You can introduce the activity and then go into detail with one particular episode.
For example, the topic could be to describe a hobby.
Maybe the answer is something like this:
In my free time, I like to fly my drone around and take pictures and videos of the surrounding area.
You have to be very careful when flying the drone over certain areas, as it could be dangerous.
One time, I was flying my drone in a busy area of the city not far from my home. There are many high buildings there and at night time it’s a little hard to see clearly.
Plus, there are a lot of lights coming off the buildings, advertising different things.
I was keeping an eye on my drone, but I got distracted and lost sight of it for a moment.
I panicked for a minute because if the drone flew into something, it could crash and maybe hurt someone.
Then, just as I was getting really worried, I caught sight of it again and I brought it back towards me.
In this description-story, you highlight perfectly the dangers of flying a drone in the city centre.
There is not much else to this story.
You describe the city centre a little, but that only serves to expose the dangers of drones flying at night in the city.
This would be a great answer — or part of an answer — in part two of the IELTS test.
Exercise 4: Describe a Personal Interest with Stories
Let’s try this exercise.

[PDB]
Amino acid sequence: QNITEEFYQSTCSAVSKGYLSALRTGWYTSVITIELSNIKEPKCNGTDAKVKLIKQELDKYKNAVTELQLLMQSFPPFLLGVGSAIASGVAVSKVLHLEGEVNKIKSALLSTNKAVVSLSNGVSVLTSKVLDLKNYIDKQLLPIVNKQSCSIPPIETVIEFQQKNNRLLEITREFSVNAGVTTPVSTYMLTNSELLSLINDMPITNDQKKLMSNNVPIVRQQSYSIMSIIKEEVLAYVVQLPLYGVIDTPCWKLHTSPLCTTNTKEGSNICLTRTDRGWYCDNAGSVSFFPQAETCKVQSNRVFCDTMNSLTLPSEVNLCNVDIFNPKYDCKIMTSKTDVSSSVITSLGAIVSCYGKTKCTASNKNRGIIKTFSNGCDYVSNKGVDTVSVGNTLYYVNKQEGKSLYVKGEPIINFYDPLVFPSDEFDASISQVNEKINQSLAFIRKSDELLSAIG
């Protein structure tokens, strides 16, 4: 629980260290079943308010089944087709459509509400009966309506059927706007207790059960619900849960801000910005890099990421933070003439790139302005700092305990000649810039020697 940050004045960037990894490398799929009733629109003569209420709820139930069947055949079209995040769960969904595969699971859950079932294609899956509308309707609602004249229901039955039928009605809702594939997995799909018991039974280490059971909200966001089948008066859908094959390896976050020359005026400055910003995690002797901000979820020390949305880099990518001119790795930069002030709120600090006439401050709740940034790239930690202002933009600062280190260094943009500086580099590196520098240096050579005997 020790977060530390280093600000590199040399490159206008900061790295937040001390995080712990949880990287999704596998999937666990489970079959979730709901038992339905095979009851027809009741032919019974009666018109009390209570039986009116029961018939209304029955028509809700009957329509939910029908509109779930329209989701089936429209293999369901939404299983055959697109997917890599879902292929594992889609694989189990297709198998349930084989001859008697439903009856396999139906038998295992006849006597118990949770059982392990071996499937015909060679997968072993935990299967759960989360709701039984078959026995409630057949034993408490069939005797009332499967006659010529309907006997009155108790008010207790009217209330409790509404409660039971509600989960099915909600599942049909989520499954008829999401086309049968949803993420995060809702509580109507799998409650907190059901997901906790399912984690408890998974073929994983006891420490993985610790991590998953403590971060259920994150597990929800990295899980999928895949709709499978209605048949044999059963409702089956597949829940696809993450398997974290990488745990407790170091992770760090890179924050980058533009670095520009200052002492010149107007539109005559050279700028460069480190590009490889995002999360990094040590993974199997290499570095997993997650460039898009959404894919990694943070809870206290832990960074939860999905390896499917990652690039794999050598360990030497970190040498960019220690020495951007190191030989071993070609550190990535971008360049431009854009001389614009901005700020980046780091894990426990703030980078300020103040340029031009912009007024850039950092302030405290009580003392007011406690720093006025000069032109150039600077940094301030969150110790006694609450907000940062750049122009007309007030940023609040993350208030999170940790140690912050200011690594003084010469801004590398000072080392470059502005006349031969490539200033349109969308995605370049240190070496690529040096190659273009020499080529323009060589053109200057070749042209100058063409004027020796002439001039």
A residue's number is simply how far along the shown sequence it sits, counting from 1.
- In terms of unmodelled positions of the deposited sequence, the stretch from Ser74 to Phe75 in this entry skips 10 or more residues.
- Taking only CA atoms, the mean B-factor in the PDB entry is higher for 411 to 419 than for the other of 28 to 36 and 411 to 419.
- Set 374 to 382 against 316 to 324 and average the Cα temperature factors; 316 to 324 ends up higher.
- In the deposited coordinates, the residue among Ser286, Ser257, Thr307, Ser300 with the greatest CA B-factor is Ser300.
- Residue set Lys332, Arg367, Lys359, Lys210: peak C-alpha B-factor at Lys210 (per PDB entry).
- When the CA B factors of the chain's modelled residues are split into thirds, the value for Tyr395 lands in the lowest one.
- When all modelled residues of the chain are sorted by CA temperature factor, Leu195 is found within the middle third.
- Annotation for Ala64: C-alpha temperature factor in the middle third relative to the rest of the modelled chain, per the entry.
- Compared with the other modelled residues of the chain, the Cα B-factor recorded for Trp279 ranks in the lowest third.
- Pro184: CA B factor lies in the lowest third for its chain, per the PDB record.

Tell a story about one of your interests or hobbies.
If you don’t have any real interests, then talk about something you like to do at the weekend.
The story could be about something funny. Or dangerous, as in the story above.
Your story can have any kind of feeling or emotion. It is your story!
And of course… class presentations at the end.
To sum up, what I think is important is to encourage you to think about stories.
If you look at many IELTS books or websites when trying to help the student describe things, they usually just provide a list of vocabulary and some phrases to help the student describe things or people.
This is fine for lower-level students, but for students that are ready to take the IELTS test soon, you need to be able to express yourself much more clearly than that.
You need to describe things and people with more clarity and detail. And that is where stories can help you.
This is especially true in Part Two, but I think stories and little anecdotes can be very useful in any part of the IELTS speaking test.
If you can do this in the test, then I am sure it will benefit you in terms of your overall score.
Let me know what you think in the comments below!
If you liked this guide, why not sign up for my free newsletter? I can send you useful guides like the one above and other articles and lesson plans.
Click the link below.